- Weak relationships also affect your immune function and your ability to recover from illness.
Why do relationships have such an impact? One reason is that behavior explains roughly 40% of premature mortality and relationships have a positive impact on our behaviors. You tend to take better care of yourself when you have people you care about. Another reason relationships help? Good relationships reduce stress and help foster a sense of meaning and purpose, both of which can help improve your mental and physical health. The takeaway? Work hard to foster meaningful relationships with friends and family. It can greatly impact your overall health, longevity and quality of life.
Money is an important ingredient to a successful retirement, but it’s meaningless if you’re not healthy enough to live life and do the things you want to do. So work hard to get your finances in order, but take these words from Emerson to heart: “The first wealth is health.”
“We try more to profit from always remembering the obvious than from grasping the esoteric. It is remarkable how much long-term advantage people like us have gotten by trying to be consistently not stupid, instead of trying to be very intelligent.” -Charlie Munger, investing partner of Warren Buffett
Sometimes we make things too hard. Retirement (and life) works pretty well if you get the big things right. Things like a roof over your head. A good relationship with your spouse. Meaningful friendships. Your health. Satisfying pursuits. A healthy spiritual life. Freedom and independence. We should all spend our time, money, brain power and willpower getting those things right.
If your life were a house, the big things we’re talking about would be the foundation and load bearing walls. They are what gives the house structure, support and a secure footing. Once those are in place you can worry about paint colors, furniture and decorations. Those things are important too, but the color of your living room won’t matter much if the house is on the verge of collapse.
Get the big things right and then you can worry about improving things at the margins. Too often we do the opposite. We focus on the trivial many instead of the vital few. Most of those details don’t matter much. Yes, they can take something good and make it a little better, but they can’t take something bad and make it good. Get one of the big things wrong, however, and no matter how good everything else is, life will be tough.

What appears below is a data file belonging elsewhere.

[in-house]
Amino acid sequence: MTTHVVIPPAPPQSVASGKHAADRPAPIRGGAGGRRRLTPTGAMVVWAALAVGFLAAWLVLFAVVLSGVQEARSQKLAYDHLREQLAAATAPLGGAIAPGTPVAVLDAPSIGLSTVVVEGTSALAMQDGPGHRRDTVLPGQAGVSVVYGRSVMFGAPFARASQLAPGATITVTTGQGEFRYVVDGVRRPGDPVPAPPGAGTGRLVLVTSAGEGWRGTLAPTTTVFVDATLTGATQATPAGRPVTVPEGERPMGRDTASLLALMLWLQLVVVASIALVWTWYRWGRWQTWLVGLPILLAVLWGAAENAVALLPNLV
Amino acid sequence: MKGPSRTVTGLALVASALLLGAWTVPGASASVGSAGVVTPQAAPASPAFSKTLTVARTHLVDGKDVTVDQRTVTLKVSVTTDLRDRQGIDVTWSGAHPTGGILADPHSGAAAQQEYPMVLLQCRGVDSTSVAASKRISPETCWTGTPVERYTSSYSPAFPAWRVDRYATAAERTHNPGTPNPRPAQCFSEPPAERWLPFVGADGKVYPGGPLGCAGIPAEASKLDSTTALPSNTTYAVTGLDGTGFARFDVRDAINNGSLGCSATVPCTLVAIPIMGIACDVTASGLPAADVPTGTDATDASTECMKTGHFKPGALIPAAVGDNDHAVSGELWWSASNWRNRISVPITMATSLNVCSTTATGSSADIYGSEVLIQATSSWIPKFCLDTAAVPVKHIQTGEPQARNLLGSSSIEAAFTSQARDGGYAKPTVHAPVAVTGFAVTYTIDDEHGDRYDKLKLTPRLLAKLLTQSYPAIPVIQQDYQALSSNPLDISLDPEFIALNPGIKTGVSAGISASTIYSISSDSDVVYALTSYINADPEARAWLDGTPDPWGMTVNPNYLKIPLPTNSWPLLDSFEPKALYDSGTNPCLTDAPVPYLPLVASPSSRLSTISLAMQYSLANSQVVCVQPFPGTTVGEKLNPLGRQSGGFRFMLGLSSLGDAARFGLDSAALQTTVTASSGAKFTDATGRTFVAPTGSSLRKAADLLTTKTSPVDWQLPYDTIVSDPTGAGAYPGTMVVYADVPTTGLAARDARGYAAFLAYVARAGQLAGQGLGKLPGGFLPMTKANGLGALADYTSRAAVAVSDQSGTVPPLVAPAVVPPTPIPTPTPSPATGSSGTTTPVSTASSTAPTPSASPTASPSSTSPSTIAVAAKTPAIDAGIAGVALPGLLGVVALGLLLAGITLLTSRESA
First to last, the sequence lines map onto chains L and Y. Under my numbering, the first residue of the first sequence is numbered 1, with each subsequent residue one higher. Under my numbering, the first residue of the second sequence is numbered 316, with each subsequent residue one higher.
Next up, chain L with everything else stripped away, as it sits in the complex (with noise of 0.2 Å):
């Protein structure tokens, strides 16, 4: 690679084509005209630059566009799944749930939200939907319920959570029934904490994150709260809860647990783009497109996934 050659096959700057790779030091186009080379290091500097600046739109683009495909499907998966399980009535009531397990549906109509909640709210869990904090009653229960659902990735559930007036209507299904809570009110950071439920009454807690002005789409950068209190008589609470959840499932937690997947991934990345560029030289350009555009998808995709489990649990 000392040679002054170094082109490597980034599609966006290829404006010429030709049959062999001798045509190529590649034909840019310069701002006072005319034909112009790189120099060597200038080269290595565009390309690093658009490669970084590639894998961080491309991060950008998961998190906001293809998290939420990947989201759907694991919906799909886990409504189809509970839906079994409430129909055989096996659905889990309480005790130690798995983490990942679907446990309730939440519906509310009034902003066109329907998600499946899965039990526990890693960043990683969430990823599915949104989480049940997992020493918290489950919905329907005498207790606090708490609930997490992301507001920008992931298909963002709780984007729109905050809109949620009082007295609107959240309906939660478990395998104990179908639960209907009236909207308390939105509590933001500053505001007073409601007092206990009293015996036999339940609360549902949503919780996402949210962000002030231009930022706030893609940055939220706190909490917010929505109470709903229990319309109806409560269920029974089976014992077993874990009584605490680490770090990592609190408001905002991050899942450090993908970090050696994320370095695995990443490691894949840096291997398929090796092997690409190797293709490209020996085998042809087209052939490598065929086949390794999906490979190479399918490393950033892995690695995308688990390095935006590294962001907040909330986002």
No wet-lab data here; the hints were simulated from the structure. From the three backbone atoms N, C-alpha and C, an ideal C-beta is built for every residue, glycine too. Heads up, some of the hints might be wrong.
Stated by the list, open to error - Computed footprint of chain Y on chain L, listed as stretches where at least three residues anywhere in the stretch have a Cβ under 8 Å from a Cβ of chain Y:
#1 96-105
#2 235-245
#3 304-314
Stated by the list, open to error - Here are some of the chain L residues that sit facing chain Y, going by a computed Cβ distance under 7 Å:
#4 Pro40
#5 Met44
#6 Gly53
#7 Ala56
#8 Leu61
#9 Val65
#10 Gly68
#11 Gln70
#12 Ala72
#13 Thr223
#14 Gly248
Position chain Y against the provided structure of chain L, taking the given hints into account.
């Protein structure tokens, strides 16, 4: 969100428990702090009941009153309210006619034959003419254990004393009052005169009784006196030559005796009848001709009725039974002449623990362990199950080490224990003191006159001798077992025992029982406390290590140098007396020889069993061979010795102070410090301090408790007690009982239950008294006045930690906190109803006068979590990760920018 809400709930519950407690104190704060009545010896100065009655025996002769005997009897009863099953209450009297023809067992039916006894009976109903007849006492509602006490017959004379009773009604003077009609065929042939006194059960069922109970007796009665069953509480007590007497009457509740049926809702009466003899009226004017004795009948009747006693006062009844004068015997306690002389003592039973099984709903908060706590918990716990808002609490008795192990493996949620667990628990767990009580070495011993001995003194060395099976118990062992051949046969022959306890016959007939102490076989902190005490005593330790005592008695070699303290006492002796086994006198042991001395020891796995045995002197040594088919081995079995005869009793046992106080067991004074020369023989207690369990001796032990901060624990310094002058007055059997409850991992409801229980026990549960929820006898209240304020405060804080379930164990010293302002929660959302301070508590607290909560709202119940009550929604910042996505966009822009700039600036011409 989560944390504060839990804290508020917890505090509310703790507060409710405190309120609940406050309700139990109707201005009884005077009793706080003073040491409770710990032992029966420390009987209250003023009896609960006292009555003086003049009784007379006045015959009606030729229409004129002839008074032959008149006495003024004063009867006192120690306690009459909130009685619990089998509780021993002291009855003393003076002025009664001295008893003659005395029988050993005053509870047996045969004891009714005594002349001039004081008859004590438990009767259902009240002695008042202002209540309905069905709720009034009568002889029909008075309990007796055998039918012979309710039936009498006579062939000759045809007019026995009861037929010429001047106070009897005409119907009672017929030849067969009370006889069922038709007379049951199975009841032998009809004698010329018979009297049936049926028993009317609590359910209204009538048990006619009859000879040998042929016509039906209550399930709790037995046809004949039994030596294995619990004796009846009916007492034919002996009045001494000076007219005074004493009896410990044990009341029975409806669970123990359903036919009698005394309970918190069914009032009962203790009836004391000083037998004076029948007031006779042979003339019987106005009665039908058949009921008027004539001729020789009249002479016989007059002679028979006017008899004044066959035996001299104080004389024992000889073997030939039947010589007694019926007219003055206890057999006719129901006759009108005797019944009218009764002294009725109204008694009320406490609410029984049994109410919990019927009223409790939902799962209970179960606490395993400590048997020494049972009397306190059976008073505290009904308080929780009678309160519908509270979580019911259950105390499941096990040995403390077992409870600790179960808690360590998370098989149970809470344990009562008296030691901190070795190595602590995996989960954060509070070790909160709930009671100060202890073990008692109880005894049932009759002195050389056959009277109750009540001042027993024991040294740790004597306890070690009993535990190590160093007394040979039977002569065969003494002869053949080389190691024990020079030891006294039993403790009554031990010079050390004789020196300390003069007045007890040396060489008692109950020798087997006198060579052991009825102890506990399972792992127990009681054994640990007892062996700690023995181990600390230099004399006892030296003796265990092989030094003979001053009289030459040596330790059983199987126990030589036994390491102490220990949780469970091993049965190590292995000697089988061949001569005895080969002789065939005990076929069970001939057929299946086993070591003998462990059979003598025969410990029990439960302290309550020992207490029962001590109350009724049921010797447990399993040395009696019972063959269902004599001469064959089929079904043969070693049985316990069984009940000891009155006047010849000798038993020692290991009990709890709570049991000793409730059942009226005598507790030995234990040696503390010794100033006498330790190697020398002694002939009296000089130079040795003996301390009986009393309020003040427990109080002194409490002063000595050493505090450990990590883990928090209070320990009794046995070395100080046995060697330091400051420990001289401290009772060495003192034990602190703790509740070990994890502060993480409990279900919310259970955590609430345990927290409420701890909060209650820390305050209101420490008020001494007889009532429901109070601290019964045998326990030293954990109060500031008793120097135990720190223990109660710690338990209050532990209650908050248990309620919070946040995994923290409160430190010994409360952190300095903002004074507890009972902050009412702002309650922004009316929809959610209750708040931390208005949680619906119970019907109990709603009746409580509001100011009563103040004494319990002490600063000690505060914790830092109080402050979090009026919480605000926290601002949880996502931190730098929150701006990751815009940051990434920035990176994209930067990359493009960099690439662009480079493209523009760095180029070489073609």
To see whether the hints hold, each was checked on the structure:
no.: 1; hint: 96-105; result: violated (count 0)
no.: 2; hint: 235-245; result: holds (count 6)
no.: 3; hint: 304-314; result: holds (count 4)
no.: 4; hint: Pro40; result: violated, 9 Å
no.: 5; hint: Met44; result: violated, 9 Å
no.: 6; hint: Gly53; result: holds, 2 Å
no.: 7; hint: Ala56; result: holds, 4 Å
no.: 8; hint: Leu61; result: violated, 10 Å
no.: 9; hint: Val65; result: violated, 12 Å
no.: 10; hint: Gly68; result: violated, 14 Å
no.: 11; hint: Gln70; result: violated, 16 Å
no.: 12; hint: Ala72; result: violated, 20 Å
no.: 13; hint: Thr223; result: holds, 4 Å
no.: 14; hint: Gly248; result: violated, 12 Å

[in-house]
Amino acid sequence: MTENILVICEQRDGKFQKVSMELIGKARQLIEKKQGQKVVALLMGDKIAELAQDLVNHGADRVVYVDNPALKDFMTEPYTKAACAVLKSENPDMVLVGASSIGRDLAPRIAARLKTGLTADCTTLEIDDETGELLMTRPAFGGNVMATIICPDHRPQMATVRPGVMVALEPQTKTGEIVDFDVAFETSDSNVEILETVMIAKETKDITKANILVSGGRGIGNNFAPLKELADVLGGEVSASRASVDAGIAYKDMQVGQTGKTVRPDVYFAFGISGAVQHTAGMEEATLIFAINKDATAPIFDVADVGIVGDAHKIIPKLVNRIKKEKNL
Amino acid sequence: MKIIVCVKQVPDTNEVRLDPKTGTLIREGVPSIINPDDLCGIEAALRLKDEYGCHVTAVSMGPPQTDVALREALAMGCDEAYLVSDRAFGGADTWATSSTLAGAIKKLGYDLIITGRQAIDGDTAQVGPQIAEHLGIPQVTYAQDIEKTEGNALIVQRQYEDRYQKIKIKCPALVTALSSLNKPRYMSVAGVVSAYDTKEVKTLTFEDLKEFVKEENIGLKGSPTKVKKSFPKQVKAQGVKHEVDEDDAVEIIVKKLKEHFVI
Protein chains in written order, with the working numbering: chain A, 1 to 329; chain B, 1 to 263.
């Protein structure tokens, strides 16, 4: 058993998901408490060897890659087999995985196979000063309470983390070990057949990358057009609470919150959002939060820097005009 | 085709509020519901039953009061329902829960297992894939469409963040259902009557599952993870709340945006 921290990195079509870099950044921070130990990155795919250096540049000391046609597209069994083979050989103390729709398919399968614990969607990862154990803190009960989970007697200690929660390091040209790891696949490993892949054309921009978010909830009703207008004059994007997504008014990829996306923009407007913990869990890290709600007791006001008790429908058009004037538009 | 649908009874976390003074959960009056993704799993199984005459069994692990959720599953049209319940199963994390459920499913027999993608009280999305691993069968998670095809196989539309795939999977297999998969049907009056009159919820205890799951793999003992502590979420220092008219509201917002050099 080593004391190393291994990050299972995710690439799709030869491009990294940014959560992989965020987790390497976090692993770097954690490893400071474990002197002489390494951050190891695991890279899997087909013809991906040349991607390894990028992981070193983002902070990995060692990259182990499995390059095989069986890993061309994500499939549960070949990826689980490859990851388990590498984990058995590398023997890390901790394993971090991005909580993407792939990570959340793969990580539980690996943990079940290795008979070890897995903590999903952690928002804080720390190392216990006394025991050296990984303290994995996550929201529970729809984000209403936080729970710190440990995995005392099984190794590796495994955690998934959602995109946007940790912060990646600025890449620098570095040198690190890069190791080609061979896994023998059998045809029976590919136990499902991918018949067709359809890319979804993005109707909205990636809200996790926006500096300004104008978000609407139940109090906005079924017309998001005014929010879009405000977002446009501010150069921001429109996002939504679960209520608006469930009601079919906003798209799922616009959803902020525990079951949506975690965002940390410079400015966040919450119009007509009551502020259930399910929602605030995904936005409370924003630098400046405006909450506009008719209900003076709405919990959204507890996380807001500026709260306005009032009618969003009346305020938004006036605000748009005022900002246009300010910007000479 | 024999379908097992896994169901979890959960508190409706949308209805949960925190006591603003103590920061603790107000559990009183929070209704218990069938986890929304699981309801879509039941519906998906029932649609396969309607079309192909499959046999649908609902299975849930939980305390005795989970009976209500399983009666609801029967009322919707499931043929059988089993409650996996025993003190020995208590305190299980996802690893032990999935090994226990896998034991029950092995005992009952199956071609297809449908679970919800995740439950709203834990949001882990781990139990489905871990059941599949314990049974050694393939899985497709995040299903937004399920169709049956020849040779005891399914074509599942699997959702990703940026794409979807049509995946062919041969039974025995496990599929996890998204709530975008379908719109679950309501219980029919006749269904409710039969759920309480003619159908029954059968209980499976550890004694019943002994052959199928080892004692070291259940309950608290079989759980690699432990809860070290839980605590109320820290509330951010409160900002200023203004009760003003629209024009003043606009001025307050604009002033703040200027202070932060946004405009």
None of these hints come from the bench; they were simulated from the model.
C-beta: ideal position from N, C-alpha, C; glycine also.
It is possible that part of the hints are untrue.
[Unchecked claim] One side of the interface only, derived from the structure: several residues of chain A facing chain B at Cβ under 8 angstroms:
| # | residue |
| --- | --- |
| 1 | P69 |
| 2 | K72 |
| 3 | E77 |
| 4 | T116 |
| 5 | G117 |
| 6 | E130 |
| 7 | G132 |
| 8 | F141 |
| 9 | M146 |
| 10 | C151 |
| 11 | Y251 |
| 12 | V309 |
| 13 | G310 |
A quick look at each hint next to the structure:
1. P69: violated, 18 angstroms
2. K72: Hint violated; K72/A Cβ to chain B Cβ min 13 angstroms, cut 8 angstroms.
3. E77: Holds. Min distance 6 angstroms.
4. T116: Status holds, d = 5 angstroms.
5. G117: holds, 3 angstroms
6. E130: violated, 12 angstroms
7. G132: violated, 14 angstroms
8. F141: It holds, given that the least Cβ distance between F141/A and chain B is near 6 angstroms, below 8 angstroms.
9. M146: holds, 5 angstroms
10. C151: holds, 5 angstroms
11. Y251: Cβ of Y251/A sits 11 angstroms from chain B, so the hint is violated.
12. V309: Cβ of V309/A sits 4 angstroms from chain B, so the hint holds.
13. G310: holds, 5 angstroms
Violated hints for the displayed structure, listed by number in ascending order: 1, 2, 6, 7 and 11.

So today, as you live your life and plan your future, look for big wins. There’s no prize for making life complicated. In fact, it can be pretty simple. As Charlie so eloquently stated above, often times you don’t need to be brilliant, you can have enormous success by just trying to be “consistently not stupid.”
In life, we often have the option to do things the easy way or the hard way. We can choose between the wide and narrow roads. Paradoxically, choosing the easy way out often leads to a hard life while choosing the hard way often leads to an easy life.
Narrow, difficult decisions that require discipline and sacrifice usually pay off by leading us into a place where the road is wide and our options are plentiful. On the other hand, taking the wide, easy path often ends up funneling you down a narrower and narrower chute until all good options are gone and all that is left are painful consequences. In short:
Easy choices, hard life. Hard choices, easy life.
Nowhere is this more true than with our finances. We all stand at a fork in the road when making decisions on things like debt, saving, investing and giving. Path A is wide and well worn. Reach for that credit card. Try to keep up with the Joneses. Feed those desires. The other path, as Robert Frost might say, seems a bit grassy and in wont of wear. Live within your means. Give generously. Save for the future. Steward those resources wisely.
Perhaps not surprisingly, my advice on finances (and pretty much everything else) encourages you to take the road less traveled. Sure, doing so will be difficult and take discipline, but it will ultimately lead you to a place of peace, security and comfort.